Terraform, May 11, 2015
Reviewed by Robyn Reagin
This haunting story within a story opens with a severed head that comes to rest on the banks of a river. A child, Maya, finds the head and carries it to a dry place in the woods where it tells her its story. The head once belonged to the body of an android. Programmed as an acoustic engineer, he was assigned to a small ship called the Calliope. He became close to a human named Eura and at her urging produced what he called harmonics. She called it music and found it beautiful.
Eventually war came to the Calliope and the android lost Eura. He became violent and turned into a killing machine, which is why he was dismembered and his head thrown into the river. He begs Maya to reach inside his head and pull his wires out to end his painful existence. She can’t bring herself to do it and runs away from him.
Maya avoids the head after that. She grows up and becomes a leader in artifact recovery, cataloging objects from indigenous life forms that inhabited her planet before colonization. Only when her mother is dying does she return to her childhood home and hear the singing that draws her back to the head in the forest.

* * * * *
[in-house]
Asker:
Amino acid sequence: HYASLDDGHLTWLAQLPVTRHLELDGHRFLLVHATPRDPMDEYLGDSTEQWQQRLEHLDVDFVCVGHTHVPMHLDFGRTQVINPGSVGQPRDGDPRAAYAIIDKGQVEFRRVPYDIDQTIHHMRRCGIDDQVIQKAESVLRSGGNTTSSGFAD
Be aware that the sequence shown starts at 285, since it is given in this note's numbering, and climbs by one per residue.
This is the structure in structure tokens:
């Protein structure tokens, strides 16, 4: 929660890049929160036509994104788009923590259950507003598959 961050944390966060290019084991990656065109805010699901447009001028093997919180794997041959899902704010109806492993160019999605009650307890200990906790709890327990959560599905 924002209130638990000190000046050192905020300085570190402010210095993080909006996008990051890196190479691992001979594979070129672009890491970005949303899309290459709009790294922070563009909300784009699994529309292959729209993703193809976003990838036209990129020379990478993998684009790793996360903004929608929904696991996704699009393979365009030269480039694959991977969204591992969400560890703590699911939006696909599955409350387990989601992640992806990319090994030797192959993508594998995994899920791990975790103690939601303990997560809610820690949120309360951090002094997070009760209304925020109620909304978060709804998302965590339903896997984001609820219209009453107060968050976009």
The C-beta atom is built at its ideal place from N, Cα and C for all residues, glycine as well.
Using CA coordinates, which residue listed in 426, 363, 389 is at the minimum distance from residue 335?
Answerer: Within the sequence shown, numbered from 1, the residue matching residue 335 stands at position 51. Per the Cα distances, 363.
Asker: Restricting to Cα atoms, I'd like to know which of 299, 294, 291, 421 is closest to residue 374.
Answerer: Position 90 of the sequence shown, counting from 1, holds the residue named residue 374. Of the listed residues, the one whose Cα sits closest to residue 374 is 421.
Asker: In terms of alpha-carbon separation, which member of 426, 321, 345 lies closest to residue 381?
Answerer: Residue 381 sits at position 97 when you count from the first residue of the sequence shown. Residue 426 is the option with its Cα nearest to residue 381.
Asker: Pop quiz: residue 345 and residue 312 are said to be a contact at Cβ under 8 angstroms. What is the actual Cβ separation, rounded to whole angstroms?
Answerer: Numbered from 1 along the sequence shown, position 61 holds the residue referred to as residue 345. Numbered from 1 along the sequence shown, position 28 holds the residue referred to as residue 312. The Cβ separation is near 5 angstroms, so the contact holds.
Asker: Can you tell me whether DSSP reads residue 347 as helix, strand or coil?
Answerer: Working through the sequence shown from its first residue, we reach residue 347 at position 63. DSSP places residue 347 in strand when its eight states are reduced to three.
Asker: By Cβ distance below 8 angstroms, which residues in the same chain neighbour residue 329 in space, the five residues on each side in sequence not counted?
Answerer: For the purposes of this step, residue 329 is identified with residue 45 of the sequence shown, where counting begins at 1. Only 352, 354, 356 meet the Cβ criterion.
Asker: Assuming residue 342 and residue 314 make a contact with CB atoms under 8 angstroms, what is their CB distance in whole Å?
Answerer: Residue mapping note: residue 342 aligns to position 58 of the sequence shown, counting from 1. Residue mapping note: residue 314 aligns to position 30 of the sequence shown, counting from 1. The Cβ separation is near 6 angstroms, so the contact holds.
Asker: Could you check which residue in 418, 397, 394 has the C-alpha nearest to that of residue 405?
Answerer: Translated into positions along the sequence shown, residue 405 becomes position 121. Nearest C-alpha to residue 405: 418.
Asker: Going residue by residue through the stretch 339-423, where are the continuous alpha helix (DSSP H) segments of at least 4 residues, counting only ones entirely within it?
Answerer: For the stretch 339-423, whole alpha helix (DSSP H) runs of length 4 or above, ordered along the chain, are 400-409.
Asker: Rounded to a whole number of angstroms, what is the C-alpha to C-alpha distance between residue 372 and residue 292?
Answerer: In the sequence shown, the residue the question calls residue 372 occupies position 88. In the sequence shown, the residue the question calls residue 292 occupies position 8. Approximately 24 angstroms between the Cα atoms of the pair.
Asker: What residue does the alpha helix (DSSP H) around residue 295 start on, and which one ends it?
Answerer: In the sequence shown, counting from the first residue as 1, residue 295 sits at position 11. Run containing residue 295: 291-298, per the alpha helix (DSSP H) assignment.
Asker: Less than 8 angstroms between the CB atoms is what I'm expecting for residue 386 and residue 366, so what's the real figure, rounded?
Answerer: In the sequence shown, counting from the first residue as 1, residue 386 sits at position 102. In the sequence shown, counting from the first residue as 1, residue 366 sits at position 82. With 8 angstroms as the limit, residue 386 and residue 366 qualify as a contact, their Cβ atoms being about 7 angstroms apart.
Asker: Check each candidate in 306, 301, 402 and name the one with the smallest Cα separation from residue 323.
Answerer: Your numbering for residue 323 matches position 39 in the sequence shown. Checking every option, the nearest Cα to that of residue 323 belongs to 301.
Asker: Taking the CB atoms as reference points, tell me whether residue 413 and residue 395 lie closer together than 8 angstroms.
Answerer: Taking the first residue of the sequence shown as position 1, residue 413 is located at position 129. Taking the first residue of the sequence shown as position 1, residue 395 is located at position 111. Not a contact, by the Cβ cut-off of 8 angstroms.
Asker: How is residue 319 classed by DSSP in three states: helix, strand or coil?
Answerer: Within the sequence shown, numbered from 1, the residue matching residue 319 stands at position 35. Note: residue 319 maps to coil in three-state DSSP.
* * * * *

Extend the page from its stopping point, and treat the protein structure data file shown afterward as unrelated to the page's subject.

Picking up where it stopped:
The android’s head, never named, is more complex and interesting than the human characters. I liked this story because it deals with one of my favorite science fiction themes: are androids/replicants/artificial beings capable of feeling love, suffering, grief, and in the case of this story, can they create art? The answer to all these questions for the singing head in the forest is yes.